False sense of comfort

Three decades into the Aids pandemic, health officials say they have the medicine and other tools to stop the spread of HIV, the Aids virus. It no longer strikes a mortal fear like it once did.

Since 2001, the global rate of new HIV infections has fallen 33 per cent, from 3.4 million a year to 2.3 million a year in 2012. Consequently, the sense of crisis has waned. But the reality is that people are still becoming infected and many are still dying from the scourge.

What has set in is a sense of complacency - not just among at-risk individuals, but also among donor countries. As editor of The Lancet Richard Horton said recently: "Total donor funding has stagnated at about the same level since 2008... The illusion that we have finally subdued HIV is a dangerous one. Every single day there are still 6,000 new infections. About 40 per cent of these new infections are in young people."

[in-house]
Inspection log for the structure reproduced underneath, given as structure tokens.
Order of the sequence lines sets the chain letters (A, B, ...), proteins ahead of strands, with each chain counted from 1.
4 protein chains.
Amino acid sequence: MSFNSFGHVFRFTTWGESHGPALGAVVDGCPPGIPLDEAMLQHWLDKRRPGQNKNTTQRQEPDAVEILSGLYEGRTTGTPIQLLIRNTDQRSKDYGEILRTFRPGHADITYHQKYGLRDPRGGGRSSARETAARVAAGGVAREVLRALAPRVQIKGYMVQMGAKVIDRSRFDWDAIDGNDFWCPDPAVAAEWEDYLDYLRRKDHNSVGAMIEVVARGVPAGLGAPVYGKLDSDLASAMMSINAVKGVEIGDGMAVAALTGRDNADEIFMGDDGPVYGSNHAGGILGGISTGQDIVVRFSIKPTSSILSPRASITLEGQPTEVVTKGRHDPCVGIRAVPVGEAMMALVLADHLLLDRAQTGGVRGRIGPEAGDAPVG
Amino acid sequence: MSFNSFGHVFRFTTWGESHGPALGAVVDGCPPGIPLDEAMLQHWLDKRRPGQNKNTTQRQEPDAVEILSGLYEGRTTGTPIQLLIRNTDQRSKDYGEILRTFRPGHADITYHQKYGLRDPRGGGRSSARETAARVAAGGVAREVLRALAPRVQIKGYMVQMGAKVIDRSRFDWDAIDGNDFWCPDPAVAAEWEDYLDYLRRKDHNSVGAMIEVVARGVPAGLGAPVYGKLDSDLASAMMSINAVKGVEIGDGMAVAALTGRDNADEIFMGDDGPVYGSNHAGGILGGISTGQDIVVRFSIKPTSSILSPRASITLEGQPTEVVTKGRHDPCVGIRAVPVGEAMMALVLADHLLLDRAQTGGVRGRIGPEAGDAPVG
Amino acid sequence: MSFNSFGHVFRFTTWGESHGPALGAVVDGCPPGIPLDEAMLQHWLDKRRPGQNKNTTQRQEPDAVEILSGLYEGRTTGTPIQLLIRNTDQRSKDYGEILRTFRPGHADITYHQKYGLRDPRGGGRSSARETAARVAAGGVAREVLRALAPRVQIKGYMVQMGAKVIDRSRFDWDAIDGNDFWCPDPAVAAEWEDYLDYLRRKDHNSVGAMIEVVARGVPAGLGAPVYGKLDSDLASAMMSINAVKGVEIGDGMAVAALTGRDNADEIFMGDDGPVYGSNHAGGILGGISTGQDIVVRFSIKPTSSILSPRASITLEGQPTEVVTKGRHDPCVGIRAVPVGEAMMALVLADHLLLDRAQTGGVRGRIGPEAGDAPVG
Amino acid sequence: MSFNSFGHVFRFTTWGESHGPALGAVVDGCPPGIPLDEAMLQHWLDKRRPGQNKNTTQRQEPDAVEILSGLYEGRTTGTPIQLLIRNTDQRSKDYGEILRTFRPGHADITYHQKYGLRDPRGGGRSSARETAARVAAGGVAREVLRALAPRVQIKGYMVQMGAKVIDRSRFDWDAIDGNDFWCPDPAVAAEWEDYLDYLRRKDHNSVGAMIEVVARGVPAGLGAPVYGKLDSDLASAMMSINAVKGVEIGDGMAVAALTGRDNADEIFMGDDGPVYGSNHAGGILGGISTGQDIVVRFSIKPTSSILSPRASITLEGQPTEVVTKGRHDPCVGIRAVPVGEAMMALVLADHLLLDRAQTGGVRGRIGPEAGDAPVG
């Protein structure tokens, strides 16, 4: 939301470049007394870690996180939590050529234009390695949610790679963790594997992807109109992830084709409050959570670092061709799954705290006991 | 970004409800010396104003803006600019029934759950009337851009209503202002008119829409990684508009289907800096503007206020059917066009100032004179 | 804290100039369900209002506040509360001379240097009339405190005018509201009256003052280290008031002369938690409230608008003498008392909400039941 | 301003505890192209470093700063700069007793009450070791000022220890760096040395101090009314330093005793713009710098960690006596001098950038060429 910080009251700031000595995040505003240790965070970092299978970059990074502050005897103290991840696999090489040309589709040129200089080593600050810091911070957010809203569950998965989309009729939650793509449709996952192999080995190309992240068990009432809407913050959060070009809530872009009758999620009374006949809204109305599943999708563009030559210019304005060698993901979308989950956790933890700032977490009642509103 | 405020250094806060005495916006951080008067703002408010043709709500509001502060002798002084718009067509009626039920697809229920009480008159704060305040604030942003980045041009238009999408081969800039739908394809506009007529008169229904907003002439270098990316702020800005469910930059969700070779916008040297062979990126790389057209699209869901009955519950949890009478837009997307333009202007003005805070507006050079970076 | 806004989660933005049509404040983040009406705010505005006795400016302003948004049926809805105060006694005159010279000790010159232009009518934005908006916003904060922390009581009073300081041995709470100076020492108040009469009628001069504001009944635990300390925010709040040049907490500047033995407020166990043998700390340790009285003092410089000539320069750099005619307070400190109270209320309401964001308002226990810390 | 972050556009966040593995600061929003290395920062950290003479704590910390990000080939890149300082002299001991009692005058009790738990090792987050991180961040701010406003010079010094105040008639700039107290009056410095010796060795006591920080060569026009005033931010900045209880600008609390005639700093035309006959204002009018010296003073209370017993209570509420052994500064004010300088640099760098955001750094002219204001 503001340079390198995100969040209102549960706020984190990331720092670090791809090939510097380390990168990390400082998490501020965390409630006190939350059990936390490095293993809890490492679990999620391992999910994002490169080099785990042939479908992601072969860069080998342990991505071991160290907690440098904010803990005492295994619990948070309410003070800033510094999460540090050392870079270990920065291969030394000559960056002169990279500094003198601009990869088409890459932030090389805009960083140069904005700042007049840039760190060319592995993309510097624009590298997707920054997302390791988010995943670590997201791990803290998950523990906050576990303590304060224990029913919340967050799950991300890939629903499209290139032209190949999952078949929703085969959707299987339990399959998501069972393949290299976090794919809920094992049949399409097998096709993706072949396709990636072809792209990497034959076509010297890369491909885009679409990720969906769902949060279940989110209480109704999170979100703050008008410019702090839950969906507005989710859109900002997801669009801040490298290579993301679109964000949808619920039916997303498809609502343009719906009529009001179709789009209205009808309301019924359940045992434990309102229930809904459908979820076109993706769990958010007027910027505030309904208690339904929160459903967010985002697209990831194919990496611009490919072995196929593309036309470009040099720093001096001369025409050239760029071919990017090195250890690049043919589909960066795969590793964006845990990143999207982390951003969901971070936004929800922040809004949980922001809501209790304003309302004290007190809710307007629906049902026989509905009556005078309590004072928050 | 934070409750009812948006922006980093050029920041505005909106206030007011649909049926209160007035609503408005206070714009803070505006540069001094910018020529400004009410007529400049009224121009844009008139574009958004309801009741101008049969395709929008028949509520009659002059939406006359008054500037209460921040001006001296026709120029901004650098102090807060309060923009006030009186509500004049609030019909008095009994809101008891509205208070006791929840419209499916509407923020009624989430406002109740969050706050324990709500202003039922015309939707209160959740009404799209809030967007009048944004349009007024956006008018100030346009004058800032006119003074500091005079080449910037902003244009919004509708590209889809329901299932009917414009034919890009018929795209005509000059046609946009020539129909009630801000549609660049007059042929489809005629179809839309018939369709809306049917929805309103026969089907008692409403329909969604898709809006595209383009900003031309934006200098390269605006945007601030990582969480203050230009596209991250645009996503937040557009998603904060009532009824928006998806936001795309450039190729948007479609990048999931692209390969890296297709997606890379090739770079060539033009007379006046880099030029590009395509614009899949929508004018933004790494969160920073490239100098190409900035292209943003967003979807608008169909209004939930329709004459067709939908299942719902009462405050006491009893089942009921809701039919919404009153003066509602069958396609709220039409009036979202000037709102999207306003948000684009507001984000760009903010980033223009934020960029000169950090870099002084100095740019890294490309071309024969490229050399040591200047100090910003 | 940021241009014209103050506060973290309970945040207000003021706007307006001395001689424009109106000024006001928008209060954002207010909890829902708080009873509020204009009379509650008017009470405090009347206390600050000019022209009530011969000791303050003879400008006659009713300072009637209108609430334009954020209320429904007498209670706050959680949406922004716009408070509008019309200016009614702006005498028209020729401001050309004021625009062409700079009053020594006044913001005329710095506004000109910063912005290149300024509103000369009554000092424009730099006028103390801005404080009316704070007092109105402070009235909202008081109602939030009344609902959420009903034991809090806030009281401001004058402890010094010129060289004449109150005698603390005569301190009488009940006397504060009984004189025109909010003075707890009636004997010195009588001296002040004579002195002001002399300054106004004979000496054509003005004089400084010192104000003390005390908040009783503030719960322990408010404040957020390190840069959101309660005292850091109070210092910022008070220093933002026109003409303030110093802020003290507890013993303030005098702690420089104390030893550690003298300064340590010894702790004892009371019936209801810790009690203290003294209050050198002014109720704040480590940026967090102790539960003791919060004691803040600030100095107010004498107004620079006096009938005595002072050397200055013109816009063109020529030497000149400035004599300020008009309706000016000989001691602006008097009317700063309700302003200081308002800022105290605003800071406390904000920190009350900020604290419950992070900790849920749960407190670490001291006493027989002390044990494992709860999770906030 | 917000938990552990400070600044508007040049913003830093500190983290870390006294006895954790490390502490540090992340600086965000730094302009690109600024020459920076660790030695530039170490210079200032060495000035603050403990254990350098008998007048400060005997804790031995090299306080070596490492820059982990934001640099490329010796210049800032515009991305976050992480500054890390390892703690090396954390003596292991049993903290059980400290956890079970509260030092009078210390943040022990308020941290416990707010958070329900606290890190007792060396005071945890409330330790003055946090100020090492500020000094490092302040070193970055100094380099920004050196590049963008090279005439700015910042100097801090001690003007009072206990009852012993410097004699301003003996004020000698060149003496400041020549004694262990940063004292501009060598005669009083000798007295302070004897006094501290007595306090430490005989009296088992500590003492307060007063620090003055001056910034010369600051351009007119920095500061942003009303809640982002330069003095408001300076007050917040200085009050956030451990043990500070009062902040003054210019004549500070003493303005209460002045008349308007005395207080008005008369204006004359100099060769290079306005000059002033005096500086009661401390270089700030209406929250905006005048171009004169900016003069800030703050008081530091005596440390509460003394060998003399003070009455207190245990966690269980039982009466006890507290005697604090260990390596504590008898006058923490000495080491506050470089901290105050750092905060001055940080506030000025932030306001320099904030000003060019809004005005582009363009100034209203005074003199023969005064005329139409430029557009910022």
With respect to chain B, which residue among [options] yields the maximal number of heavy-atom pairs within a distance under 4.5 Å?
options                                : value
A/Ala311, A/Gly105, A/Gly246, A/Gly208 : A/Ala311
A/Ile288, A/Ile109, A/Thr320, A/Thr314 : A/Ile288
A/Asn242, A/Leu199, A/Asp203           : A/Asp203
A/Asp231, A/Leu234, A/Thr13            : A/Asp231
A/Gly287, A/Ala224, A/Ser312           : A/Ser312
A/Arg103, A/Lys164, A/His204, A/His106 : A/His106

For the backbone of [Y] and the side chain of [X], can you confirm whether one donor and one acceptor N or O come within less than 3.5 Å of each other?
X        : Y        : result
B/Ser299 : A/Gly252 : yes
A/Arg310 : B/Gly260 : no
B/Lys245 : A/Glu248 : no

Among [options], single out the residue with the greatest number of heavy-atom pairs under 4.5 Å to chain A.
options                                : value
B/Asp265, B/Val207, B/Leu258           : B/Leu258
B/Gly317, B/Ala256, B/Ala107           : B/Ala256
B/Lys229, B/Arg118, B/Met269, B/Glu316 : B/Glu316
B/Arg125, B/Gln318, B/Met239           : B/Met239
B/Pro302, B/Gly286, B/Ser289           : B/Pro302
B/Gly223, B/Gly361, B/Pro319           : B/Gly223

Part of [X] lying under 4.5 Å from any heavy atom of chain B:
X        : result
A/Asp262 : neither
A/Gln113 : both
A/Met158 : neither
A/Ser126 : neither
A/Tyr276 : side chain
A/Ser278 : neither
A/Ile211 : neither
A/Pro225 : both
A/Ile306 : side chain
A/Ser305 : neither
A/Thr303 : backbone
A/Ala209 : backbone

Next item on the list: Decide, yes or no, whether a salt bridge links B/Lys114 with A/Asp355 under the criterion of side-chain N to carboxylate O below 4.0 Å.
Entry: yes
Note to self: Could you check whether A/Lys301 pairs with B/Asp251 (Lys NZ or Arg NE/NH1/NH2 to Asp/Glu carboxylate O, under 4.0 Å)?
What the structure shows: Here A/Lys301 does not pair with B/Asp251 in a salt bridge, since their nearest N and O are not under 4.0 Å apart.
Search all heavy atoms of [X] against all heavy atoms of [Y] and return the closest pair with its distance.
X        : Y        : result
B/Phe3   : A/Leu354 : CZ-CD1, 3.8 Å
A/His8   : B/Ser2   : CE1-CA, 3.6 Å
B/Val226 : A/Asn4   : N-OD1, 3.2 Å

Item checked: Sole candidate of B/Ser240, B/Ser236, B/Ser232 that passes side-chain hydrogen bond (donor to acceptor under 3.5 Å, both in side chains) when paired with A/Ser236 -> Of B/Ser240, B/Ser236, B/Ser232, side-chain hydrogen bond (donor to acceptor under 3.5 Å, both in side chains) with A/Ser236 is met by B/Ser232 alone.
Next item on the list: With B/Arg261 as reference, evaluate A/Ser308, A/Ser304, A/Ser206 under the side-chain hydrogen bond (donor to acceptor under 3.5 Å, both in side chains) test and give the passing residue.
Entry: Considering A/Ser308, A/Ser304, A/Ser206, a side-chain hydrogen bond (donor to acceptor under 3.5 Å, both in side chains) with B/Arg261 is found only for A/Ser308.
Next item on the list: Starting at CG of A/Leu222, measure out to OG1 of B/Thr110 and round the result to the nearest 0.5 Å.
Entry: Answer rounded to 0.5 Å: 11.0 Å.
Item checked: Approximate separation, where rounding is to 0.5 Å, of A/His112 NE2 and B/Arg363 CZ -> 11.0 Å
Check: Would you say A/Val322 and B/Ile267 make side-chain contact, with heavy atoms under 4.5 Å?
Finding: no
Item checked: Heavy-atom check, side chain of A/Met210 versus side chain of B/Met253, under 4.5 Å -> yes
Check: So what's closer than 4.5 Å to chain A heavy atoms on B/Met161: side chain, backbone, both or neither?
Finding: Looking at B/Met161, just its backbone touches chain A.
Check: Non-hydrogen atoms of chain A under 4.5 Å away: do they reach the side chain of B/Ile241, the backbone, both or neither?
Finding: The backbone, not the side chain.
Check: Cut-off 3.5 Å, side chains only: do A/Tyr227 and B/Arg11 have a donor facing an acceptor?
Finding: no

In Singapore, heterosexual infections used to be in the majority for many years. A change happened in more recent years, with a worrying rise in infections among homosexual men. The number of homosexual and bisexual cases has risen from 166 in 2009 to 247 last year, as disclosed by the Health Ministry recently. This can be attributed to a mix of recklessness and the assumption that HIV infection is no longer the death sentence it used to be.

Social media has made it easier for people to hook up for casual sex. It is reasonable to assume it also plays a part in lowering the age at which many individuals first engage in sex.

This makes it doubly pressing to get across the risks to those who are sexually active. While treatment is available, it is not cheap and side effects include diarrhoea, nausea and fatigue. Even the slightest diversion from prescribed regimens can result in a drug-resistant virus, which will make treatment more difficult.

Its terror has diminished but HIV still casts a long shadow.